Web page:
Summer of Soul (…Or, When the Revolution Could Not Be Televised)
(USA, 117 min.)
Dir. Ahmir “Questlove” Thompson
While celebrity director Ahmir “Questlove” Thompson and his producers have made much about their doc Summer of Soul (…Or, When the Revolution Could Not Be Televised) finally being made more than 50 years after the 1969 Harlem Cultural Festival took place, it is a great time for the film to be released. Hip hop, rap, house, electronica, drum & bass (and many others) have long since replaced gospel, jazz and r&b and blues as popular music genres but the Black Power politics of 1969 is suddenly immensely relevant in this age of George Floyd, BLM and grass roots activism. And the performers who performed at what is now Marcus Garvey Park are now legendary: B.B. King, Stevie Wonder, Gladys Knight & the Pips, Abbey Lincoln, Nina Simone, Mavis Staples with “Pop” and her sisters.
Summer of Soul is that rarity, a documentary that might just be the most anticipated film of the year. Questlove’s film premiered to astonishing press notices at this year’s Sundance festival and went on to win the Grand Jury prize and the Audience Award at Park City. Now a film about a series of outdoor concerts in Harlem that attracted over 300,000 people in 1969 will become a hugely popular event in the rapidly changing pandemic world of today. Audiences will come expecting to hear wonderful music and they will certainly be rewarded by the brilliant blues playing of B.B. King, the inflammatory jazz of Abbey Lincoln with Max Roach and the skilled moves and vocalizing of Gladys Knight & the Pips. With Questlove as the film’s director, insightful looks into the music of the Sixties were bound to have pride of place in Summer of Soul. A famous drummer in his own right, Questlove has placed an intense drum solo by Stevie Wonder into a key moment in the film and included a personal anecdote by Mavis Staples in which gospel great Mahalia Jackson quietly anointed her on stage—woman to woman—as the new Diva of Gospel.
Still, it isn’t just the music that makes Summer of Soul absolutely remarkable. The film is more than that: it captures the spirit of the Sixties politically and emotionally. 1969 marked the end of a decade that saw the assassinations of Malcolm X, the Kennedys and Martin Luther King. The Vietnam War was raging, with a high percentage of African American men, fighting in an imperialist war for a government that had only recently given them their full civil rights. Riots had erupted in many American streets in 1968 after Martin Luther King’s murder and it’s likely that the Harlem Cultural Festival only got its funding in an attempt to pacify the most renowned Black community in America a year later.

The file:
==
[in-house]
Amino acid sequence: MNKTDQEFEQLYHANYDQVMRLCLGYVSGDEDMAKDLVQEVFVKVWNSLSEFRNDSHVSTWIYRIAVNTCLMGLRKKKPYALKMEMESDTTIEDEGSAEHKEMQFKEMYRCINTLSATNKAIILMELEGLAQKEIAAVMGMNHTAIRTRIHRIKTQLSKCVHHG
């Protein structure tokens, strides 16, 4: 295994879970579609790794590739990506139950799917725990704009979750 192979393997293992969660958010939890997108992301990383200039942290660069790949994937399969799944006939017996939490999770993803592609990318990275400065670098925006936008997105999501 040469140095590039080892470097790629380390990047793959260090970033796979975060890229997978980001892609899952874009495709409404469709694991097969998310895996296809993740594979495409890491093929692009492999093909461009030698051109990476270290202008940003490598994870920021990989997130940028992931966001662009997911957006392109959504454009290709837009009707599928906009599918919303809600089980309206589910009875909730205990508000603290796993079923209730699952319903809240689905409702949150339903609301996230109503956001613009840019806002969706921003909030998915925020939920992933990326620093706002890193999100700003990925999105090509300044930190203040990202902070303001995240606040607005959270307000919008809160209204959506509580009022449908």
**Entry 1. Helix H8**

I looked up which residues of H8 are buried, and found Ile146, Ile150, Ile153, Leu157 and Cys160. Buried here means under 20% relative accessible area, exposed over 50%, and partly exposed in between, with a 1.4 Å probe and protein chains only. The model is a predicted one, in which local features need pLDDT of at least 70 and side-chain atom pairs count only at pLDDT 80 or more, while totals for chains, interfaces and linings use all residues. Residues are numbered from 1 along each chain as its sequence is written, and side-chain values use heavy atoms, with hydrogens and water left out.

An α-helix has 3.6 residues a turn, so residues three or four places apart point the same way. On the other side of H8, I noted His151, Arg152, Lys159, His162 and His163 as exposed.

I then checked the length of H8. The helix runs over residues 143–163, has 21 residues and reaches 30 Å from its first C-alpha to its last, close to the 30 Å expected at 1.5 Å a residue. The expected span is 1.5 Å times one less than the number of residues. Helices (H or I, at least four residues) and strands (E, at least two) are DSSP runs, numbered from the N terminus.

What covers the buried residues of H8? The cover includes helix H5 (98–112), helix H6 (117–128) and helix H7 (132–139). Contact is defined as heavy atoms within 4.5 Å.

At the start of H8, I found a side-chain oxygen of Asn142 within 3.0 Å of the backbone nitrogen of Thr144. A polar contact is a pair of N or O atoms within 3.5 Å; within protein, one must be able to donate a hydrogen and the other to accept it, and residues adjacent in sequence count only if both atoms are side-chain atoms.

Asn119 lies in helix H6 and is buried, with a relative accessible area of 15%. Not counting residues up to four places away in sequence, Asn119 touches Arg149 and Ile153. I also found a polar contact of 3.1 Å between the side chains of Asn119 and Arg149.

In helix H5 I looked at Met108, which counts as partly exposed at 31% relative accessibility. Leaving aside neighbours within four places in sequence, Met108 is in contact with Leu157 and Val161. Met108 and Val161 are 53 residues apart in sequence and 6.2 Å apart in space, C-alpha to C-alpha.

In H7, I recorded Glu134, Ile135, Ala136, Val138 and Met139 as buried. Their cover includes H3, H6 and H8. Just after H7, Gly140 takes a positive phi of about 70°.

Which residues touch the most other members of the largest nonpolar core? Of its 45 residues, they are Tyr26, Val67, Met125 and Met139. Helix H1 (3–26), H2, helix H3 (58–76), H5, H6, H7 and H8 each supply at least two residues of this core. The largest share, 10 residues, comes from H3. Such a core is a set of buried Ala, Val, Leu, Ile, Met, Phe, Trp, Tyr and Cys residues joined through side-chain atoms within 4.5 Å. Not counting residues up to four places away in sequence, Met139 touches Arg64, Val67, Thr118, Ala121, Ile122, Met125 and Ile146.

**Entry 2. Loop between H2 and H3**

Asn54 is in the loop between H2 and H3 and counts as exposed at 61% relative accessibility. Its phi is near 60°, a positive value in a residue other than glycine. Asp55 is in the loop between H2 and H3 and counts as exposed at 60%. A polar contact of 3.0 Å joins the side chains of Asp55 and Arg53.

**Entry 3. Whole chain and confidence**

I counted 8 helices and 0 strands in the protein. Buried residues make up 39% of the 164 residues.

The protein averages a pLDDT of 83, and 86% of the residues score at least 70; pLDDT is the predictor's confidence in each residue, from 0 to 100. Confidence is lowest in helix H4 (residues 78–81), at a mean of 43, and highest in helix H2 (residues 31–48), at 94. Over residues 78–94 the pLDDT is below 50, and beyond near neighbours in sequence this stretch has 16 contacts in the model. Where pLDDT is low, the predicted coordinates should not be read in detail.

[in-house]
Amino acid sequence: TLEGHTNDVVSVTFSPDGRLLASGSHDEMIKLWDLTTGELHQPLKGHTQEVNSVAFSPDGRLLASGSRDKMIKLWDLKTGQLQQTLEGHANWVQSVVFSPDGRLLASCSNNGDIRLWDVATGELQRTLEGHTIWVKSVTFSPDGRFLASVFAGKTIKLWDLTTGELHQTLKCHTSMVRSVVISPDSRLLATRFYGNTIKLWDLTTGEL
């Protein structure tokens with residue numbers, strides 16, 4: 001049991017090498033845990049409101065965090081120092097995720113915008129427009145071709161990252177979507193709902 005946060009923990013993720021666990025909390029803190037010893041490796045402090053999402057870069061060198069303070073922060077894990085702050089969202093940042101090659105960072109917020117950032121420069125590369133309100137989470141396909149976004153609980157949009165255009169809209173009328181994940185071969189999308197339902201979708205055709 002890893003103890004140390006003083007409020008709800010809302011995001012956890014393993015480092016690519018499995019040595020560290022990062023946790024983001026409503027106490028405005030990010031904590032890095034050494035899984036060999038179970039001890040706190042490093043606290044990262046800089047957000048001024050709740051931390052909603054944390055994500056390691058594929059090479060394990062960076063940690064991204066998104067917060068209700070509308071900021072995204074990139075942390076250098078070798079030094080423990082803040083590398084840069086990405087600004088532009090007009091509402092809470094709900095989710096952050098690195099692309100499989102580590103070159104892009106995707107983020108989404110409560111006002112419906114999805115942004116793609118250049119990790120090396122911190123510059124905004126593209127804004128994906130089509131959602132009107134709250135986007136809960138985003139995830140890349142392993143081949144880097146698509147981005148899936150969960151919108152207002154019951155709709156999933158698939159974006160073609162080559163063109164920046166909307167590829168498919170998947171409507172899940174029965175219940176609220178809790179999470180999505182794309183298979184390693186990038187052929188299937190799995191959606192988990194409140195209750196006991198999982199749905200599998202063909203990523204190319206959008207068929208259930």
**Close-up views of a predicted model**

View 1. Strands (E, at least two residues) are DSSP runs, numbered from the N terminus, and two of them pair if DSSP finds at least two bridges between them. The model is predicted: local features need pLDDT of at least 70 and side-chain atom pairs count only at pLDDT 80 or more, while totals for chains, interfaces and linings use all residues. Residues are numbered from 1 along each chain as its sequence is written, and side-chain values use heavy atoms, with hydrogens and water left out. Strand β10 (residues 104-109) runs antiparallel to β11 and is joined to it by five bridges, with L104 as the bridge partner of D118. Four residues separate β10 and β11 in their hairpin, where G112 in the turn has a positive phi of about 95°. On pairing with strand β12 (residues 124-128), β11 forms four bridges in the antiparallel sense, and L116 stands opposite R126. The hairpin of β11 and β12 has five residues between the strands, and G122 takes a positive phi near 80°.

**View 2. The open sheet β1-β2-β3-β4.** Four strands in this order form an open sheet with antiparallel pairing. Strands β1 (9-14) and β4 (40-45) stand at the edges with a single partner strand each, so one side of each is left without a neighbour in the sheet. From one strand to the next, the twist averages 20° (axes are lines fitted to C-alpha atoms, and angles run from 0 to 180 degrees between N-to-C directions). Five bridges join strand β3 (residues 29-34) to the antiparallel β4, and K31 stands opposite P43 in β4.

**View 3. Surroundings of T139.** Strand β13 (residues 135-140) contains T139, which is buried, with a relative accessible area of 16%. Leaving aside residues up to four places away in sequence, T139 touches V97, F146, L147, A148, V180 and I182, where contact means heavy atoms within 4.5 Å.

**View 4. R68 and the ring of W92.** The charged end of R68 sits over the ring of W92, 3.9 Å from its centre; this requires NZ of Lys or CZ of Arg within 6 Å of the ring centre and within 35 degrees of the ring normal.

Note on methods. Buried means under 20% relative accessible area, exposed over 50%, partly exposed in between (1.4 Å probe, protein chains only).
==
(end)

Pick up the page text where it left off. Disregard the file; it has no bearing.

Summer of Soul features Jesse Jackson, King’s heir apparent, speaking several times about the simmering hot political situation in Black America. The controversial Black Panthers had a real presence in the Park that summer as did the police. Nina Simone and Abbey Lincoln were radicals, whose politics were well known to the crowd and voiced in the festival and the film. Although the festival did succeed to keeping Harlem under wraps, the concerts definitely expressed the anger and frustration of Black Americans as well as pride in their culture, which produced so many great musical stars at the time. One of the nicest aspects of the doc is contemporary interviews with attendees of the festival—many quite young back then—who remember how brilliant and fraught the events were in 1969.
Summer of Soul is being compared to Woodstock, which certainly helped the growth of hippiedom in the early Seventies. What would Summer of Soul have done to Black Power then? We’ll never know. But it’s great the film is out now, ready to influence a generation that is as political and culturally aware as were their grandparents. This is a film that everyone should see. 2021 needs to be a new Summer of Soul.
Summer of Soul is in select theatres and on Disney+ July 2.
Read our review from Sundance here.